The second phase of the project, from September 2013 to September 2015, included both implementation and refinement of the prototype and involved the following activities:
- Selecting the pilot community and health care organizations.
- Developing and implementing an outreach and marketing plan.
- Launching the hotline.
- Refining the prototype.
- Extending the outreach.
We used multiple methods for selecting the pilot community and participating health care delivery organizations; clarifying the legal framework for prototype operation; developing and carrying out an outreach and marketing plan for notifying organizational leadership, physicians, nurses, professional associations, and other community stakeholders about the prototype; developing and implementing a marketing plan for consumers; refining the prototype and protocols through testing; operating the hotline; and processing the reports that were submitted.
The evaluation was also conducted during this phase. The activities related to the evaluation are described in Chapter IV, but we discuss here the implementation of the hotline in the pilot community and ongoing efforts to refine it, as well as efforts to reach out and inform patients and caregivers about the opportunity to report patient safety problems they observe in their own care.
Selecting the Pilot Community and Health Care Organizations
To select an appropriate pilot community to test the hotline, the team sought health care organizations that had a demonstrated commitment to patient safety improvement and a representative patient population and that resided in a community of moderate size, so that an outreach effort could effectively reach the target audience. Participation in a PSO was also an important consideration because PSO protection would offer a mechanism for sharing and analyzing reports.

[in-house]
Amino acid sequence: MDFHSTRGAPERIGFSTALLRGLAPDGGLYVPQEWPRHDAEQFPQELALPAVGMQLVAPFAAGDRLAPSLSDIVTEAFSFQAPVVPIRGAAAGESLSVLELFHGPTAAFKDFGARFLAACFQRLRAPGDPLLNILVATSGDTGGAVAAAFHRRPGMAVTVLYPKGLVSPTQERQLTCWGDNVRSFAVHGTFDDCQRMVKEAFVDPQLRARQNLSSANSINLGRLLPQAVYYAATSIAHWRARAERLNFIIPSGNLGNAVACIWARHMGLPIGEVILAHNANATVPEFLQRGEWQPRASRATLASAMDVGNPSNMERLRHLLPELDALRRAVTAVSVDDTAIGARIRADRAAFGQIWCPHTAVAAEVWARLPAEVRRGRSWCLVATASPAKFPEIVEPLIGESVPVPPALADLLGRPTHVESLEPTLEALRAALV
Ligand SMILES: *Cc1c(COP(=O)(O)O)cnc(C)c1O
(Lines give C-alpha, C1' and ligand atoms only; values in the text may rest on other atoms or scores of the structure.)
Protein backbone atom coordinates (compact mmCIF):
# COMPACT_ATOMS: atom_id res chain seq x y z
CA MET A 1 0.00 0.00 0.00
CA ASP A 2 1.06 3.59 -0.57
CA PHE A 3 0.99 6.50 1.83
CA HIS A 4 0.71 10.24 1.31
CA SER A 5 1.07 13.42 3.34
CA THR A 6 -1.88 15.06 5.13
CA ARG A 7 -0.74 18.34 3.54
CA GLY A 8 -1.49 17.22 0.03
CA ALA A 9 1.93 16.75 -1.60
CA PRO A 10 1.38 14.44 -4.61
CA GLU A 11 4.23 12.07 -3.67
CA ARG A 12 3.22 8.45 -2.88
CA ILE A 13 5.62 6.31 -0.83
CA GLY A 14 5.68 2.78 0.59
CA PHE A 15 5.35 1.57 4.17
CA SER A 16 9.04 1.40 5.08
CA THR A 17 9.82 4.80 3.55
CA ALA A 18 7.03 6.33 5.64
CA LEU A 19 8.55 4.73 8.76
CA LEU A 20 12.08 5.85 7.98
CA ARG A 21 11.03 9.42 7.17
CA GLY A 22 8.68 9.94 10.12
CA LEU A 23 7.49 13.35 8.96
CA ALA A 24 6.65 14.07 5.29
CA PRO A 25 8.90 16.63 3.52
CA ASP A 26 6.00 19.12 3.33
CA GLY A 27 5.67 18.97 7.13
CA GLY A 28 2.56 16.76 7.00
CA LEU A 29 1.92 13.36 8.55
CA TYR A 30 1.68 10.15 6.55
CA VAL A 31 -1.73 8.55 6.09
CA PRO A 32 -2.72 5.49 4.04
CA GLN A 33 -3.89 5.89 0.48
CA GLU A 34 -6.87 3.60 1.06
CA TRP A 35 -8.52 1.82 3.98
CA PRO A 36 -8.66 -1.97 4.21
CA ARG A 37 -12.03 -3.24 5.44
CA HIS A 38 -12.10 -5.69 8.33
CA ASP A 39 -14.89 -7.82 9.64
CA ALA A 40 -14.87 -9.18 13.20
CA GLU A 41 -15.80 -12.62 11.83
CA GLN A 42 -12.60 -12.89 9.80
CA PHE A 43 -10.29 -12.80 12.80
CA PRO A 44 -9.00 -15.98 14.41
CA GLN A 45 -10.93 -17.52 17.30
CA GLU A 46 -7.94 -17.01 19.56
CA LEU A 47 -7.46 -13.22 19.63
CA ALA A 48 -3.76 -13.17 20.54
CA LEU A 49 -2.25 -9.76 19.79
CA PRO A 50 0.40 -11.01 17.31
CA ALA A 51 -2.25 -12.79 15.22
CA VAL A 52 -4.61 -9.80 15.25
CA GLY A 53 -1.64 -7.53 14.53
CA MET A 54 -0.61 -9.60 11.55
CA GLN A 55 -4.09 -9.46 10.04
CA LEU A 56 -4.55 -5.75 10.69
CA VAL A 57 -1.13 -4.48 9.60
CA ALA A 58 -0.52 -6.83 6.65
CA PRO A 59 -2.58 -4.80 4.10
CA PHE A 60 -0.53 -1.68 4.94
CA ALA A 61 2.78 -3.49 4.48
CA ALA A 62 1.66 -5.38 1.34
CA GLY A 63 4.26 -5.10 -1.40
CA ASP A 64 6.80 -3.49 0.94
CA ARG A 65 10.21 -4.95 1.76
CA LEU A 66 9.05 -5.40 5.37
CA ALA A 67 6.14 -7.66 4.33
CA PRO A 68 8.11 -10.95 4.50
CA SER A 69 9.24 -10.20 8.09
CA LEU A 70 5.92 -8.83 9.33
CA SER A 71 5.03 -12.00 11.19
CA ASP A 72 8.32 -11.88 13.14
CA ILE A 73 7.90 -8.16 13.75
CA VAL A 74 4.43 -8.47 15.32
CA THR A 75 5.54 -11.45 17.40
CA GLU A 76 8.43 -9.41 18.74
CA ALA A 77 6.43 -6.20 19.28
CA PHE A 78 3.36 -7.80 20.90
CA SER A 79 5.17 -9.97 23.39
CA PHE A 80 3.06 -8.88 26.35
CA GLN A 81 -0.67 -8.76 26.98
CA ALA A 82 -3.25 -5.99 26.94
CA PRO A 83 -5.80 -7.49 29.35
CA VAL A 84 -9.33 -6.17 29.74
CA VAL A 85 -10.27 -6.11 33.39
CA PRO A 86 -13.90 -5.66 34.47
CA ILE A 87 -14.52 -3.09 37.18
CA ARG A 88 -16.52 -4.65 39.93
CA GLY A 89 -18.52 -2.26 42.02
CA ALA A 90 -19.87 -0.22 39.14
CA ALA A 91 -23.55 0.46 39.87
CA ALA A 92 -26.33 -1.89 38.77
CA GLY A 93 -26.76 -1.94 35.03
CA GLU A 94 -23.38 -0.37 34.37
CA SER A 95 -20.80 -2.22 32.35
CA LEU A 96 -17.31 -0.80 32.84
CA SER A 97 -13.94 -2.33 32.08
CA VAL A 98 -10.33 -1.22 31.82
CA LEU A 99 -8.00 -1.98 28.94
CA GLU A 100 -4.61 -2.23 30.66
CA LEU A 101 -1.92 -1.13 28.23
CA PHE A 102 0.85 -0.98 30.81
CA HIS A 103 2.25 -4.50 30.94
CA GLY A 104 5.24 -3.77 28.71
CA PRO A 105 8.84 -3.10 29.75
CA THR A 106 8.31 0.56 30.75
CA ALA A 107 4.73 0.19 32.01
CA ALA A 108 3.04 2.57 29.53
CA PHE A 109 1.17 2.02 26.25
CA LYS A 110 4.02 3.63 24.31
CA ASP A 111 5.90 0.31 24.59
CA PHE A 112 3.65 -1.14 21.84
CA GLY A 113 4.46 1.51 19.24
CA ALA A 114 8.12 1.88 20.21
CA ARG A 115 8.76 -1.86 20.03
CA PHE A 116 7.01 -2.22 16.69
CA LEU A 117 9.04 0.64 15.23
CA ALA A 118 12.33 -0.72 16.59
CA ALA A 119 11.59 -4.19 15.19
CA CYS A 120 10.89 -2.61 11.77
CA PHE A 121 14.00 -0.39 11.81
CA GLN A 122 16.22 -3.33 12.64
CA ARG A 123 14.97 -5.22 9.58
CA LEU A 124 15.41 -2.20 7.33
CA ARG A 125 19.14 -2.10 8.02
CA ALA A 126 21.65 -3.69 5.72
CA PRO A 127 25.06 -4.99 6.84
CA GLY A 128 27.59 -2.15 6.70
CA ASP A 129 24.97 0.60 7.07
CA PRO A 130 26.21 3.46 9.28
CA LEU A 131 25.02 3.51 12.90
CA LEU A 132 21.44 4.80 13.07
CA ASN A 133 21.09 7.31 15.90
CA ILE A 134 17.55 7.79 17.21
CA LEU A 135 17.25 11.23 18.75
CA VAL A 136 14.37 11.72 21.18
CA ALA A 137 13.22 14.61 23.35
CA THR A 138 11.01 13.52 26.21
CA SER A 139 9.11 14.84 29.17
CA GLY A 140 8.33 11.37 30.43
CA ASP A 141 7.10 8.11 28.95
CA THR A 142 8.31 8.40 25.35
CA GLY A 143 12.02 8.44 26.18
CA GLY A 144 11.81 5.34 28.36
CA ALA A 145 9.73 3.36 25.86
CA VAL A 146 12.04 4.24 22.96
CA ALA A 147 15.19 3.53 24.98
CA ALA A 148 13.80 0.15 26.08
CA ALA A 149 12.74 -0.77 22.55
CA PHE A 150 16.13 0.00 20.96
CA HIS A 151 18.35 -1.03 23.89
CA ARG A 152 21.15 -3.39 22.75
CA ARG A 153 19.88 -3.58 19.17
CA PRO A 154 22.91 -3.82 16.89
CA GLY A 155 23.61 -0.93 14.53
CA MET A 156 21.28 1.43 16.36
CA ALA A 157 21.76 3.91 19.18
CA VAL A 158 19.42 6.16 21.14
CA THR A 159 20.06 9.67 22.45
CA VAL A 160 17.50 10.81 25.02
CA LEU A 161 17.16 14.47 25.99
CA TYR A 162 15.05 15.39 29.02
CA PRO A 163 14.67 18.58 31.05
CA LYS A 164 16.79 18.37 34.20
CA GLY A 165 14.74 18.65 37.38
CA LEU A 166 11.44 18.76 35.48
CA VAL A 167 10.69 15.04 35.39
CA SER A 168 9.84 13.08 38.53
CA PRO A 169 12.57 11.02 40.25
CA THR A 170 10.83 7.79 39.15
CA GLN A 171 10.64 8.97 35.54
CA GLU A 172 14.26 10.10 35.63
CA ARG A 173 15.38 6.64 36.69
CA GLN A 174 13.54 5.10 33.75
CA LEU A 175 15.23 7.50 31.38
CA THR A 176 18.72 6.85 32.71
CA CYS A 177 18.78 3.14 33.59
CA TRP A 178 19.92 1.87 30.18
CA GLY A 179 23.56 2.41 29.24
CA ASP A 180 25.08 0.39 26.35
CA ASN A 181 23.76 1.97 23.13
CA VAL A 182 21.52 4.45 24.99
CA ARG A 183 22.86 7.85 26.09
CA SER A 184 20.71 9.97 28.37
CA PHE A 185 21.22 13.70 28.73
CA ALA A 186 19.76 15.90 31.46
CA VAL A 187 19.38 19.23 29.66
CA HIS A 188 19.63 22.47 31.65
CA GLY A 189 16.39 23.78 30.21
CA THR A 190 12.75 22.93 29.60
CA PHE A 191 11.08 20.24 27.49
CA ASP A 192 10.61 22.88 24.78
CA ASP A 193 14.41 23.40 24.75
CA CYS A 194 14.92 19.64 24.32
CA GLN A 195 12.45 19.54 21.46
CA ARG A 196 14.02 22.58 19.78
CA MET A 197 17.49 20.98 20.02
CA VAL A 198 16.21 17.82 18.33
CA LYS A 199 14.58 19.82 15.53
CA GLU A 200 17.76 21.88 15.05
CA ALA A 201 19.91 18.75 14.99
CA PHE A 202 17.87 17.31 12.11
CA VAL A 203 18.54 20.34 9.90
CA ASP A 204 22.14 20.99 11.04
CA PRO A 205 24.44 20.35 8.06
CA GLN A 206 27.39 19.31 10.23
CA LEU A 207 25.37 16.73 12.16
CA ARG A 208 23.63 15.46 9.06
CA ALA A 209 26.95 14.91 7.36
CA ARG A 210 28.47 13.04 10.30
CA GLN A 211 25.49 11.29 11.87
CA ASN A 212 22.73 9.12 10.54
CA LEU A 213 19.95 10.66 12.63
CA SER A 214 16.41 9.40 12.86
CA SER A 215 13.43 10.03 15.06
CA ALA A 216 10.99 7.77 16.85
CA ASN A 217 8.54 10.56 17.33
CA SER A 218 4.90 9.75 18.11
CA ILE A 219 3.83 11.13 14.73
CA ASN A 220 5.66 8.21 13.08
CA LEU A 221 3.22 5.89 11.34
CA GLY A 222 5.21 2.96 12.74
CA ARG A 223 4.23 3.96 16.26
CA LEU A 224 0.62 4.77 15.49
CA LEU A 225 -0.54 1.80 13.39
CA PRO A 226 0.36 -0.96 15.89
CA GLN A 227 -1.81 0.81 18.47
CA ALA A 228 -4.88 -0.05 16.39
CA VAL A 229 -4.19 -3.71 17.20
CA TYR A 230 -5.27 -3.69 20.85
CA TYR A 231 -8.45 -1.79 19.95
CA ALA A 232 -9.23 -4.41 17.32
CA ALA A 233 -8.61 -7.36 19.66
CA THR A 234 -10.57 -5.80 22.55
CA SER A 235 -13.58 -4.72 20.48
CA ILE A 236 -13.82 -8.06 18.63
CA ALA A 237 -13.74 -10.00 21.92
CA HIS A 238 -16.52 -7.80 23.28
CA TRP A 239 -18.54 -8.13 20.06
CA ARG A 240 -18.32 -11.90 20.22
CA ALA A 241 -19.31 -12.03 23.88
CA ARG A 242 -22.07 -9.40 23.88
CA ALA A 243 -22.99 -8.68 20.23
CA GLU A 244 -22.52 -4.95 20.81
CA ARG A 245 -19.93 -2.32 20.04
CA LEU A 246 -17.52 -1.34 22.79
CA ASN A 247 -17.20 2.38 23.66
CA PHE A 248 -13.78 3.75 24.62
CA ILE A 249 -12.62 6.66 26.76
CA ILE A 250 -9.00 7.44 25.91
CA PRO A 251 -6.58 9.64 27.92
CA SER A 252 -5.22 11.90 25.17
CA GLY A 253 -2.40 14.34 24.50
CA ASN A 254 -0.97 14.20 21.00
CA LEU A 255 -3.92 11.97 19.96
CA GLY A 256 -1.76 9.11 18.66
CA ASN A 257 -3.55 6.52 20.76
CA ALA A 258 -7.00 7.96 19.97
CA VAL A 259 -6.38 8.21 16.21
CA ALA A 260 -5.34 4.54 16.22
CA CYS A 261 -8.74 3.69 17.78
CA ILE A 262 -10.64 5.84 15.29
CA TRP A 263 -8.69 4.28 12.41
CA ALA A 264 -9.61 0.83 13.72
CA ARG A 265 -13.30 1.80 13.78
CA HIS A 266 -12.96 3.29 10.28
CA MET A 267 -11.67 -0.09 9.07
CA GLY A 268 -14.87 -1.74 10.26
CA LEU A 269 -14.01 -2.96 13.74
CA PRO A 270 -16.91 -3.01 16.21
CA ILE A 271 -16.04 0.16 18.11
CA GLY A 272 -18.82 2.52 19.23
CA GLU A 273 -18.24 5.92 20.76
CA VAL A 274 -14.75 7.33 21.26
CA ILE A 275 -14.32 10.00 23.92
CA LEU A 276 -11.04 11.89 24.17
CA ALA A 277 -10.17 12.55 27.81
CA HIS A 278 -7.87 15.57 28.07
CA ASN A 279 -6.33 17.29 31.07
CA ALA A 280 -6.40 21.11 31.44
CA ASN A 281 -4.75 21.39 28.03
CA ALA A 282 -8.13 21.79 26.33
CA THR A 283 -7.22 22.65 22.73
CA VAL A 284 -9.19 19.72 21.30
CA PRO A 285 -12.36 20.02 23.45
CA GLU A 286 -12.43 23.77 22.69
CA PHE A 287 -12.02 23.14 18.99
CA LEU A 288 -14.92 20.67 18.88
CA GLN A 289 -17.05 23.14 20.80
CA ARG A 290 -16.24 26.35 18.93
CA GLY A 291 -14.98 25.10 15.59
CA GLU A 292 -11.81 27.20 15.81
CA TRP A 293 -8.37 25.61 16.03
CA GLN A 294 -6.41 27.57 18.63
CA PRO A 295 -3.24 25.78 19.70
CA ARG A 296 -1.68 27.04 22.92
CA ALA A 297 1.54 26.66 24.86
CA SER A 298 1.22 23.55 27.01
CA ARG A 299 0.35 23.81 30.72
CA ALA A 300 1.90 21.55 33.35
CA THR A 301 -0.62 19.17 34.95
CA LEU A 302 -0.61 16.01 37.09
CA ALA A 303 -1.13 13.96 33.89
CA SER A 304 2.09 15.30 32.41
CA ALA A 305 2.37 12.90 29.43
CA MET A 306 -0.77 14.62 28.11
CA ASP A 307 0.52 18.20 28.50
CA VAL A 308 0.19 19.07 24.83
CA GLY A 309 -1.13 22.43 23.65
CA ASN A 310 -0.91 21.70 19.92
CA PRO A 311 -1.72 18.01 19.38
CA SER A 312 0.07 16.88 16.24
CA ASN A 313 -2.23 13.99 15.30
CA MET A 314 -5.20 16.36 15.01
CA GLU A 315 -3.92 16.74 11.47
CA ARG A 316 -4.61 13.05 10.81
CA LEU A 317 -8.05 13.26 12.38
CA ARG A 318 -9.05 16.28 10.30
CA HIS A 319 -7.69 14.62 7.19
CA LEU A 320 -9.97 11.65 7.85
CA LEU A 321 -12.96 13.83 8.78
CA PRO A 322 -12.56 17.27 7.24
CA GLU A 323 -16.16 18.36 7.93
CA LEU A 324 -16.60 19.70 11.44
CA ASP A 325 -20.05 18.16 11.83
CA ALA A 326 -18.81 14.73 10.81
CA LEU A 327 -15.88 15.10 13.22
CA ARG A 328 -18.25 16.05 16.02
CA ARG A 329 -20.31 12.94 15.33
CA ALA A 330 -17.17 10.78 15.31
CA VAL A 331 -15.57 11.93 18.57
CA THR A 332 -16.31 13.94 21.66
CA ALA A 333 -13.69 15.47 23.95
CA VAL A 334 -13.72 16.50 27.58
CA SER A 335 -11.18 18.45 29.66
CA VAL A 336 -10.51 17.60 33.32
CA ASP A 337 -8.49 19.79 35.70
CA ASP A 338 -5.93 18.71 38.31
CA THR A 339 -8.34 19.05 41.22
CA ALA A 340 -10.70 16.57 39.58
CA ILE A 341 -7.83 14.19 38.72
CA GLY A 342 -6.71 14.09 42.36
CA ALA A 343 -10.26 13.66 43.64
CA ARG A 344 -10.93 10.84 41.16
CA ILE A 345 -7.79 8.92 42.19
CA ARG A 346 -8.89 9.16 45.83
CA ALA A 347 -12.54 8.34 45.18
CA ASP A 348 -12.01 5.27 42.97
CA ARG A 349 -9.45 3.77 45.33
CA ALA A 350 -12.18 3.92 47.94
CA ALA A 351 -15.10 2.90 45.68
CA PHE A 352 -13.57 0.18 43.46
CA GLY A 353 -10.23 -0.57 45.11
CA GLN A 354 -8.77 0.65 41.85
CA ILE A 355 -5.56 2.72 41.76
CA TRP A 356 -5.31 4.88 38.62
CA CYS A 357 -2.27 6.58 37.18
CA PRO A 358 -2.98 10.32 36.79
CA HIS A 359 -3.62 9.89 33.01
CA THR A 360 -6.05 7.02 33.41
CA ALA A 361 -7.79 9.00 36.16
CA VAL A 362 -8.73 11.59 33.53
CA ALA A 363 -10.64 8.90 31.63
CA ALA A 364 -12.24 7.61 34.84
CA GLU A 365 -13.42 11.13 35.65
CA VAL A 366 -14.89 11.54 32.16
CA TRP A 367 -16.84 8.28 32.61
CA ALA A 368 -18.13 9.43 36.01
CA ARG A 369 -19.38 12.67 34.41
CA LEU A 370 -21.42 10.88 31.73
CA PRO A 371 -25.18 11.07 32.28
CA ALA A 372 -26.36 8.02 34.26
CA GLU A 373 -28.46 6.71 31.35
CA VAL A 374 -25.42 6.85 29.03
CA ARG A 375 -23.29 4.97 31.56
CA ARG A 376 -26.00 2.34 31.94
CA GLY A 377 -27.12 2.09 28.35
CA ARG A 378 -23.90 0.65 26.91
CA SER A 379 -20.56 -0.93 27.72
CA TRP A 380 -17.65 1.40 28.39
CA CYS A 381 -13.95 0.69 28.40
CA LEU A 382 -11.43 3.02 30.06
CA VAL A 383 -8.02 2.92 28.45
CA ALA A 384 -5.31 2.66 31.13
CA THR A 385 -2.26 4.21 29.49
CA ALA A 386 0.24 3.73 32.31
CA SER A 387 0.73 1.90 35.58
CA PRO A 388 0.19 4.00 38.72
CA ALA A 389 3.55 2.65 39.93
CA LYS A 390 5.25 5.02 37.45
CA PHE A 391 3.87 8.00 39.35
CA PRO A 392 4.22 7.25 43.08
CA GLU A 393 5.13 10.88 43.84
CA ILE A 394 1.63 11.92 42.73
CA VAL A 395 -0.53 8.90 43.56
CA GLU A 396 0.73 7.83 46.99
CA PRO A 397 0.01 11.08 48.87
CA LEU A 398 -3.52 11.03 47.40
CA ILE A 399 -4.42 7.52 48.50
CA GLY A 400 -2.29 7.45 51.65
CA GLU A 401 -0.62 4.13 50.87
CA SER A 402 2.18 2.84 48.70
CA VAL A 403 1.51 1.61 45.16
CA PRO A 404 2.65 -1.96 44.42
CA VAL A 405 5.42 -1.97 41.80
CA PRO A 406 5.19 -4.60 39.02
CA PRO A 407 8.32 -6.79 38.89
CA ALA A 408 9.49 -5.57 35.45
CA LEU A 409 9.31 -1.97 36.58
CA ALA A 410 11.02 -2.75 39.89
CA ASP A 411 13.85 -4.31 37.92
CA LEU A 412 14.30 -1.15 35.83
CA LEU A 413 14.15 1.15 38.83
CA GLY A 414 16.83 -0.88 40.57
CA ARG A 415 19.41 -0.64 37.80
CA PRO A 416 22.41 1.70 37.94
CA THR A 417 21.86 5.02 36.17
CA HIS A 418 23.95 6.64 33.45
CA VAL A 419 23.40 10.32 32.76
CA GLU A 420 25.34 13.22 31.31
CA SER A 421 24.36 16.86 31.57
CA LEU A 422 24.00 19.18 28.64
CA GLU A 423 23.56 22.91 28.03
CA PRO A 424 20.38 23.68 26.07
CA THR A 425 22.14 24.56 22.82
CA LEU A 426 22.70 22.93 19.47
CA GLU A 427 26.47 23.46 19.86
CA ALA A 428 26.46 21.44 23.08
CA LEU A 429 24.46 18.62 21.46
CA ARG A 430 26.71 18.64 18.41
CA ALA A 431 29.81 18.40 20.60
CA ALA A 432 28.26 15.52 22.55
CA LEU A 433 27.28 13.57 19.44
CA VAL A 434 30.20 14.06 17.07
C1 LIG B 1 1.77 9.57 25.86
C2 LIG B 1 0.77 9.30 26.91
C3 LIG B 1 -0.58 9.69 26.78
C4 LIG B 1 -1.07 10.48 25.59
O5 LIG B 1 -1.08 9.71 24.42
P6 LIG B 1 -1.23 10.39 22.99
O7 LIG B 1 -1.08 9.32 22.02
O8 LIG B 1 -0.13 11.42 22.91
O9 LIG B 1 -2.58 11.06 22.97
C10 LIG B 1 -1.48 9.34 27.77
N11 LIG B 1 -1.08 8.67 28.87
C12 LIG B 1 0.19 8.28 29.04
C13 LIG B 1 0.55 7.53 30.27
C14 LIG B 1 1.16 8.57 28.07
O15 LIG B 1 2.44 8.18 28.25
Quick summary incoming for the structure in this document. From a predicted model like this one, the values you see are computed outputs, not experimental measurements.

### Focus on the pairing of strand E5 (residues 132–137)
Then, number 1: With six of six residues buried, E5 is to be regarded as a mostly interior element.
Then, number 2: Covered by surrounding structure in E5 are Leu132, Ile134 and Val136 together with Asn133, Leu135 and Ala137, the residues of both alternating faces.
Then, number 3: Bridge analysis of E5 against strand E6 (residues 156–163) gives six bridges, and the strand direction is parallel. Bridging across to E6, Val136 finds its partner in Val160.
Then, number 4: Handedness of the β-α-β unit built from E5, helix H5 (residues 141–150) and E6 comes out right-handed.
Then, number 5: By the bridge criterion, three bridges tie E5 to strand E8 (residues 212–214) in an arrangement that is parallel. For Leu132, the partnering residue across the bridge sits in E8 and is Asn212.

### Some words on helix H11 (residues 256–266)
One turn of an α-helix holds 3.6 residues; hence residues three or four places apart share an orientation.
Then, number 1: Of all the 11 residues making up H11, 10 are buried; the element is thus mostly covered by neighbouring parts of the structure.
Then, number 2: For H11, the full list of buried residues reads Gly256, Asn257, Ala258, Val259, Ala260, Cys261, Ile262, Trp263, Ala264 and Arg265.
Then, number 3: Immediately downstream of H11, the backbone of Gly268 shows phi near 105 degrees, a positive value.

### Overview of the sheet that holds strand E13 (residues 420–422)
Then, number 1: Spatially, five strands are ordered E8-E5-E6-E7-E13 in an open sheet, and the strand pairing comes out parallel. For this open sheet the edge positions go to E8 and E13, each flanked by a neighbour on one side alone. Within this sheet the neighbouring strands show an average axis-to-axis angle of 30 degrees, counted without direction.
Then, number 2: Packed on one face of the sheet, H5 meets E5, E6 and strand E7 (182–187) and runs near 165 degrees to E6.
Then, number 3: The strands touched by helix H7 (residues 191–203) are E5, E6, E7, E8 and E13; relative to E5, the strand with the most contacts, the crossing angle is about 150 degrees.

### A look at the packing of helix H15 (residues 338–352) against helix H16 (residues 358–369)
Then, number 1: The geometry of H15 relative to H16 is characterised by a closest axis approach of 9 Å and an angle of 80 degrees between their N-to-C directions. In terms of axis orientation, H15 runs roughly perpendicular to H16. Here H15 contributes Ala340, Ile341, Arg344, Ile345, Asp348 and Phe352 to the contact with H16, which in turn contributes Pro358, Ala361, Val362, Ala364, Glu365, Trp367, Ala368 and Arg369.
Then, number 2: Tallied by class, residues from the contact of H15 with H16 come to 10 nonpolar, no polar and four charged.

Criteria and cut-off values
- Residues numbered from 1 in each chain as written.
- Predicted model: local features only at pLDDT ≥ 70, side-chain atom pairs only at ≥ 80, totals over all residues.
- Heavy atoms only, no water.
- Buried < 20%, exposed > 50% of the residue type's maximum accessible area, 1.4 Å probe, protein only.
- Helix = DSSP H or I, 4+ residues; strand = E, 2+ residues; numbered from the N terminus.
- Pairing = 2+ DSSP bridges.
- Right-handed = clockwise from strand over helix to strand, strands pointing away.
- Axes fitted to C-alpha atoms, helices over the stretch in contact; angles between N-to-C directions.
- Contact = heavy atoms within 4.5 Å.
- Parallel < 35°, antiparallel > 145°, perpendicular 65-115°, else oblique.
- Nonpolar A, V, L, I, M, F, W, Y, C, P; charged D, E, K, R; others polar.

We identified 18 health care delivery organizations that had a history of patient safety work in a PSO context and that might have an interest in collaborating on deployment and testing of the prototype. The primary criteria for selection were (1) affiliation with ECRI Institute PSO, which simplified PSO issues; (2) geographic colocation as major health care providers in one community; (3) representativeness of the population served (adult, pediatric, mixed socioeconomic status, and race/ethnicity); and (4) enthusiasm for participation. Based on these criteria and the initial information we gathered, we reached out to 10 organizations and then convened teleconferences with the four that best fit our criteria to discuss their interest in the project. Two health care delivery organizations in one metropolitan area were selected and agreed to participate. The organizations were in the northeastern United States, which facilitated site visits, but this was not a determining factor. Other sites we considered and explored (including a large health system in a major metropolitan area) did not fit all of the criteria. Together, the two selected organizations had several favorable features. Both were integrated health care delivery organizations and members of a PSO. Both also had leaders committed to improving quality and patient safety, interest in transparency about care and in reaching out to patients and caregivers, representation of a broad population, and a history of community collaboration.